When we think of speech recognition, we think of speaking to Siri, Alexa, Cortana, and Google on our mobile devices. From checking the weather to the latest news, typing our searches is the past and voice-interfacing–that is, speaking what you are looking for rather than typing–is the now. We are enchanted by how little we need to do to get an answer or write it down without actually typing anything. However, we don’t necessarily think about What makes talking to my phone actually work? What’s the magic?
In the last decade, speech recognition has improved dramatically. The accuracy rate is on a steady upward path and more products are voice enabled. Speech technology is getting better and better. However, speech recognition is not a single player, rather an orchestra of instrumentalists creating coordinated sound. Beyond the cacophony, audible sound must be discernable. Speaking to your car or your mobile app works, because, like orchestra players, microphones are vital to creating the music. There is a harmonious interplay between voice, hardware, multi-faceted machine and Math models resulting in a highly-accurate transcription of your voice.
Speech recognition research tackles the particulars of the models–such as design, learning rates, and more–making sense of the audio and how audio is captured. The audio input is just as critical. Microphones have improved just the same as model designs, machine computational processing power, and learning. Today’s mobile devices are robustly designed to enrich our lives with cameras, video, internet, and voice. Devices do not just have one microphone but several. The concept known as a microphone array is part of the reason why talking to your phone is getting better. Like orchestra sections, microphones are working together to capture voice clearly and from a distance. The model mathematics and microphones figure out what is noise and filters it.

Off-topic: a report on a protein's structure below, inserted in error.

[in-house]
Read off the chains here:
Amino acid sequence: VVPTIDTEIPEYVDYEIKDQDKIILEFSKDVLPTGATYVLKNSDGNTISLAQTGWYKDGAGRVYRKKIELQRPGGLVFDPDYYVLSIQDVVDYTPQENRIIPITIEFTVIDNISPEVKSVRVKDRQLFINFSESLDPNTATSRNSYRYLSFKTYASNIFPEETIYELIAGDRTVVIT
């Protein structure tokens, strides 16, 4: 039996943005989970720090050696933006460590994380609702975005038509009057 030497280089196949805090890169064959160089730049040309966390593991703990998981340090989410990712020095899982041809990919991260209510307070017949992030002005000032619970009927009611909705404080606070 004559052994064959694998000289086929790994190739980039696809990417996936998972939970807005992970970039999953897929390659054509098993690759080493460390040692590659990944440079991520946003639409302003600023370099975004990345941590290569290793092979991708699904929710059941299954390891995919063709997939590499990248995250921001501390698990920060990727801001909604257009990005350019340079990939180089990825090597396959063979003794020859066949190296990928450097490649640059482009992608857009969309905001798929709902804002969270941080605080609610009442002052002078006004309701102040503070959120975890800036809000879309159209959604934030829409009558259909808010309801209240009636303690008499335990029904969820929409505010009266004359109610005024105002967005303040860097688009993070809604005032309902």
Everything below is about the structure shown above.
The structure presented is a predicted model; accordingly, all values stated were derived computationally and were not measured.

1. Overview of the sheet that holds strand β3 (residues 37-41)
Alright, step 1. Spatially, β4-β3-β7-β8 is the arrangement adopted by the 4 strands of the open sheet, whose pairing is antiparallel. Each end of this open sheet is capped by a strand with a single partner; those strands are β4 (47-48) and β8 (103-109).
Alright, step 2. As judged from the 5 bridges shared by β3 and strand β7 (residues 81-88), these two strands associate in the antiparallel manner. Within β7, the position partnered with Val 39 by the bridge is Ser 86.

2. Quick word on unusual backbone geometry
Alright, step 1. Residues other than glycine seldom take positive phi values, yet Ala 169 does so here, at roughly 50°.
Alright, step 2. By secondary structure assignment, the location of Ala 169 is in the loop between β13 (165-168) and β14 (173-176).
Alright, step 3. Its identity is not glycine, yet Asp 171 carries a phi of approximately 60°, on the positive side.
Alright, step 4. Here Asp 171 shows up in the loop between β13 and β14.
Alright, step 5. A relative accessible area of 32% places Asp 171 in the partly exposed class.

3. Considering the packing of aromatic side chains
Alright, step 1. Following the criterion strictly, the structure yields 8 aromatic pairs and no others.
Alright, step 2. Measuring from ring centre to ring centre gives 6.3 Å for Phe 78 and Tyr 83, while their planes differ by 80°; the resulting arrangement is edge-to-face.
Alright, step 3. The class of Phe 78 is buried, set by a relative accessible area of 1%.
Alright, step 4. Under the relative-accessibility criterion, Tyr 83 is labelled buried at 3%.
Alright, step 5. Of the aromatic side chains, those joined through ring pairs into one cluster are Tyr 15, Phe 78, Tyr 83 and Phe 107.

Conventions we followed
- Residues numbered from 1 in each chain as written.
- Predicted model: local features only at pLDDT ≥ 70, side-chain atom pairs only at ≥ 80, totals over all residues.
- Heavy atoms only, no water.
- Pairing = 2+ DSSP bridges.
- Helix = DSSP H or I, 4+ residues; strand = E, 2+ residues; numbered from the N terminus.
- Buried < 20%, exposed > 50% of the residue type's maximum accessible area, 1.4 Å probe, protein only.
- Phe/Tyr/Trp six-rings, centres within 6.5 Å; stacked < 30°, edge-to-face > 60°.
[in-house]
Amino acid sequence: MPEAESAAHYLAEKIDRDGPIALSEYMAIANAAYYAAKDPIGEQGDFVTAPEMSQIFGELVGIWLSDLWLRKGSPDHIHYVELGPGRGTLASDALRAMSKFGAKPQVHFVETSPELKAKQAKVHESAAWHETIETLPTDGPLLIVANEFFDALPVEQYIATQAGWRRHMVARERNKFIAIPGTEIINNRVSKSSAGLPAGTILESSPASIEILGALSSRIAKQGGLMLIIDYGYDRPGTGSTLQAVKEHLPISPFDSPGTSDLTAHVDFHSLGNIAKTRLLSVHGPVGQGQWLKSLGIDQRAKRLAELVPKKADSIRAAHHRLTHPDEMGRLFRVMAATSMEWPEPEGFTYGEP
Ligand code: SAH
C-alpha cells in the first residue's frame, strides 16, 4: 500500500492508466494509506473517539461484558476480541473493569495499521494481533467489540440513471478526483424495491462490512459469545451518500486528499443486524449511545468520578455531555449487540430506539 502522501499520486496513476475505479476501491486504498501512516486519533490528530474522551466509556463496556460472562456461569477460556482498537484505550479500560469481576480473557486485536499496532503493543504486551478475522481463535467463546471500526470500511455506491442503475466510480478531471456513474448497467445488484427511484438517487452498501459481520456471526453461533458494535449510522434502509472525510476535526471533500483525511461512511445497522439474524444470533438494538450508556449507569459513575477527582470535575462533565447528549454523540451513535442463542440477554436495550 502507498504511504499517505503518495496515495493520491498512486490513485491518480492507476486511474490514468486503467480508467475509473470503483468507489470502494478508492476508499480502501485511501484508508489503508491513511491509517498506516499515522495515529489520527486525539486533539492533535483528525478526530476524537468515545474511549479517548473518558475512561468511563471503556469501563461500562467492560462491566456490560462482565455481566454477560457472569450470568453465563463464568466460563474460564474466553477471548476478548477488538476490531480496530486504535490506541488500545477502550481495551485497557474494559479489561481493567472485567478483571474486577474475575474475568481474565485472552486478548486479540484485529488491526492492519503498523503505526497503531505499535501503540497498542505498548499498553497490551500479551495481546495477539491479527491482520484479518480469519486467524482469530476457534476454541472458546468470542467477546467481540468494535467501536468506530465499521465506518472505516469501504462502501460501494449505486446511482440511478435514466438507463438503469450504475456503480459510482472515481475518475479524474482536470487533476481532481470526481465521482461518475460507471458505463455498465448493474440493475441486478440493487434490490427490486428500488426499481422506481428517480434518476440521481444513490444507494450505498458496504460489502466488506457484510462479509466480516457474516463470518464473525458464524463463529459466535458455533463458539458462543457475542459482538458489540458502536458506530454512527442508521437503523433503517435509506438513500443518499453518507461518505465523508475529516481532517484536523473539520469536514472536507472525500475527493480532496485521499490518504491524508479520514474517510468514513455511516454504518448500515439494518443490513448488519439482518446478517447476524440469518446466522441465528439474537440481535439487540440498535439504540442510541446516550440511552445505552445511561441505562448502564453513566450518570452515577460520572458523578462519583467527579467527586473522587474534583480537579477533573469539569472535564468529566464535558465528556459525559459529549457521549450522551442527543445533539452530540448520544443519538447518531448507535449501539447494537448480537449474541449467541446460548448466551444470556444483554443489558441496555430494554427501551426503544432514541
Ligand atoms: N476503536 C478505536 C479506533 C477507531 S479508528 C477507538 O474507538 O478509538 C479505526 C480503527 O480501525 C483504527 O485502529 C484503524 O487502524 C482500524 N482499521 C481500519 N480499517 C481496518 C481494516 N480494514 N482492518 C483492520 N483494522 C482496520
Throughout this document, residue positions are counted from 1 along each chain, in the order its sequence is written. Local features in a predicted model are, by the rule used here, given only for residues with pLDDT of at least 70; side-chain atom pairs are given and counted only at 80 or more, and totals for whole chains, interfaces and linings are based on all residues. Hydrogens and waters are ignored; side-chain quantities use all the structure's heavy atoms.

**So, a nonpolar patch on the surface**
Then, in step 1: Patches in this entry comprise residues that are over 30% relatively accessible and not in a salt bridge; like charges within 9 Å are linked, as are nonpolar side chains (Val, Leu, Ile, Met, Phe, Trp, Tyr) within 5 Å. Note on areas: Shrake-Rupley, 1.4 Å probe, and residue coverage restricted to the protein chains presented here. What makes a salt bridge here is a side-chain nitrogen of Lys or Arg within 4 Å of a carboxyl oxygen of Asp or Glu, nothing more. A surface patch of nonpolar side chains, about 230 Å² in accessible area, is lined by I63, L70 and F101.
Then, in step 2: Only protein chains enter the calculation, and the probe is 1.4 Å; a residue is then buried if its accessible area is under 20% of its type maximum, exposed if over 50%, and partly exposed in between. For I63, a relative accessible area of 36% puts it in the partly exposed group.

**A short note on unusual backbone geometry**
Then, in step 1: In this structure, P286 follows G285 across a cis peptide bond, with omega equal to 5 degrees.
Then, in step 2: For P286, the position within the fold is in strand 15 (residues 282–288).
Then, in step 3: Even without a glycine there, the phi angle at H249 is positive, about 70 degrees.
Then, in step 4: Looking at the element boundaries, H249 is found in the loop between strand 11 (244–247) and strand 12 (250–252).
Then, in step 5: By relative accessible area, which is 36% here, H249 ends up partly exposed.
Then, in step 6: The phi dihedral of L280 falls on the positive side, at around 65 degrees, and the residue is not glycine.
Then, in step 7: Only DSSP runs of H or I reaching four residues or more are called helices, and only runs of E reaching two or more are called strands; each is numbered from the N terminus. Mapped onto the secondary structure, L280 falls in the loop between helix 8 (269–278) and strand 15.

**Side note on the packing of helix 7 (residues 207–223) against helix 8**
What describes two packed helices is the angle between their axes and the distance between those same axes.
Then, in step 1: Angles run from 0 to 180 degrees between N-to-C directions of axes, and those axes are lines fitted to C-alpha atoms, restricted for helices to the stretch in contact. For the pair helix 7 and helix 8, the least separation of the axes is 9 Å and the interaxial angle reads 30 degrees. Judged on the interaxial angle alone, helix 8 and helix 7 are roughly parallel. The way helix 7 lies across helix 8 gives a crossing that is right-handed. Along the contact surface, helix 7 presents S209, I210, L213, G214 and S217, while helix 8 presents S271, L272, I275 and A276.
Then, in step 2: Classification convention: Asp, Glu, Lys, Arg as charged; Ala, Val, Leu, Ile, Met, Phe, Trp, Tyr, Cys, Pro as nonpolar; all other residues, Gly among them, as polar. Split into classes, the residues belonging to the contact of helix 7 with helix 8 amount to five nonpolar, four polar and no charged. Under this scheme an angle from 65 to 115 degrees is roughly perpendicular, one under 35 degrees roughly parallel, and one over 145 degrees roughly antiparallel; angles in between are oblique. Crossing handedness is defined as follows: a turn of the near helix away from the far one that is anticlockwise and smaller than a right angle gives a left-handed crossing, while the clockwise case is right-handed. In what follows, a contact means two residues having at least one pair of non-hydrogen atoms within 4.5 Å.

Microphone arrays entail several microphones working together. How they align begins the conversation about its collective geometry. Depending where in space the sound is coming from, microphones need to align in a specific way to hear or record it. An example of a complex microphone array geometry is below. To capture all nuances of sound, the array was set up to facilitate a study about Mozarabic Chant, a longtime Hispanic rite tradition since the Middle Ages.
Microphone Array Geometry
For the everyday microphone array, today’s sophisticated, smart mobile devices, like Apple’s iPhone 11, have several microphones designed to capture your voice from a certain distance and more.
Today’s mobile device microphone arrays improve voice dictation.
Research and development continue to make improvements on various techniques around microphone geometry, its hardware, and more sophisticated algorithms to process the audio input more accurately. Voice-enabled interfacing devices are on a path forward. And with all that in mind, Athreon’s best mobile apps are designed based on current and future mobile device capabilities to capture your voice and transcribe it swiftly. Depending on your industry, Athreon’s highly-configurable security protocols and workflows make the work seamless. You get your life back while getting more work done. The magic is in the collaboration between Athreon, mobile devices, AI, and you.
If you would like a demonstration on what our mobile apps can do, contact us. If you have questions on whether your current mobile device will meet your needs, including for Telehealth and Telemedicine work, contact us for a free consultation.